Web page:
Preventative screenings also include the typical labs and screenings that often happen at annual checkups, such as cholesterol checks, diabetes screenings, and blood pressure checks. “Those are important tests when it comes to preventing heart and lung disease,” explains Dr. Somerville. “Those are things adults should be talking to their doctor about every year. They may not need labs every year, depending on their risk, but they should be screened at regular intervals.”
Get Annual Checkups
A sometimes overlooked preventative care measure for adults is simply making and going to an annual checkup. All adults should at least go to the doctor for a checkup once a year. “This is a time for your doctor to check your blood pressure, and weight, discuss new family history risks, and talk about new complaints,” Dr. Somerville says. “Going once a year helps ensure that nothing is missed.”
With guidelines changes and risk factors for various diseases increasing as adults age, it’s important for adults to periodically check in with their doctor, especially adults dealing with weakened immune systems or chronic illnesses, even if it’s simply asking questions about recent guideline changes or about other vaccines they may benefit from or other tests that may be available. An annual checkup is a great time to do so, Dr. Somerville adds. “Your doctor is there to help you and talk to you about any concerns you may have,” she says. “Adults should be talking to their doctor at least once a year.”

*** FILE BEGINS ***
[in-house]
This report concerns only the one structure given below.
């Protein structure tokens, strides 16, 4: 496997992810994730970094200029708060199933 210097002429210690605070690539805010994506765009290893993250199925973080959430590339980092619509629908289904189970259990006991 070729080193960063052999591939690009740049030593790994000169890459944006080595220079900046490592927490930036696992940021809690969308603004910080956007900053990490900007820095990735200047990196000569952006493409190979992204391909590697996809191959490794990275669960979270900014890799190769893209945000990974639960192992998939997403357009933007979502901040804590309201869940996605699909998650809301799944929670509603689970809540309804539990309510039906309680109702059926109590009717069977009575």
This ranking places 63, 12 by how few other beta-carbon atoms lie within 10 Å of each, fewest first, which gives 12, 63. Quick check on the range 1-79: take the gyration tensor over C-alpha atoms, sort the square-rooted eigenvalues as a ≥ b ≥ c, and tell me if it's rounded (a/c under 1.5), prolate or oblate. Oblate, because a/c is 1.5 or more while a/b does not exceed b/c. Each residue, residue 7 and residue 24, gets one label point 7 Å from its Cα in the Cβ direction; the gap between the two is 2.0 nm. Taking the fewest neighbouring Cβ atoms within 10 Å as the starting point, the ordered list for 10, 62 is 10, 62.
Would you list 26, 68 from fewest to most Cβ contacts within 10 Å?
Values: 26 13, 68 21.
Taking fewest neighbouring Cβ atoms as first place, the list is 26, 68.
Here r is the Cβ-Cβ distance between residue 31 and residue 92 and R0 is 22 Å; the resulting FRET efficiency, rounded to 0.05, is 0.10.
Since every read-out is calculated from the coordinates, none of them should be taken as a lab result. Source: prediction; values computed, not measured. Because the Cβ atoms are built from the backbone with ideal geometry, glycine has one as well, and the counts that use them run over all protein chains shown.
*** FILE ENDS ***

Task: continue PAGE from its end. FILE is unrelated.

Physical activity is important to anyone of any age, and it’s especially true as adults age or for adults who are already dealing with chronic diseases. According to the ADPH, a goal for adults is getting at least 150 minutes per week of moderate to intense physical activity. This could be broken down into 20 to 25 minutes of physical activity every day or 30 minutes of activity five days per week. Exercise doesn’t have to be particularly strenuous or even done in a gym—it could be as simple as taking a walk, doing household chores, mowing the lawn, swimming, cycling, or running. As the Centers for Disease Control and Prevention added, adults age 65 or older should be sure to do a mix of aerobic, muscle-strengthening, and balance activities.
Paige Townley is a Birmingham Parent staff writer and freelance writer.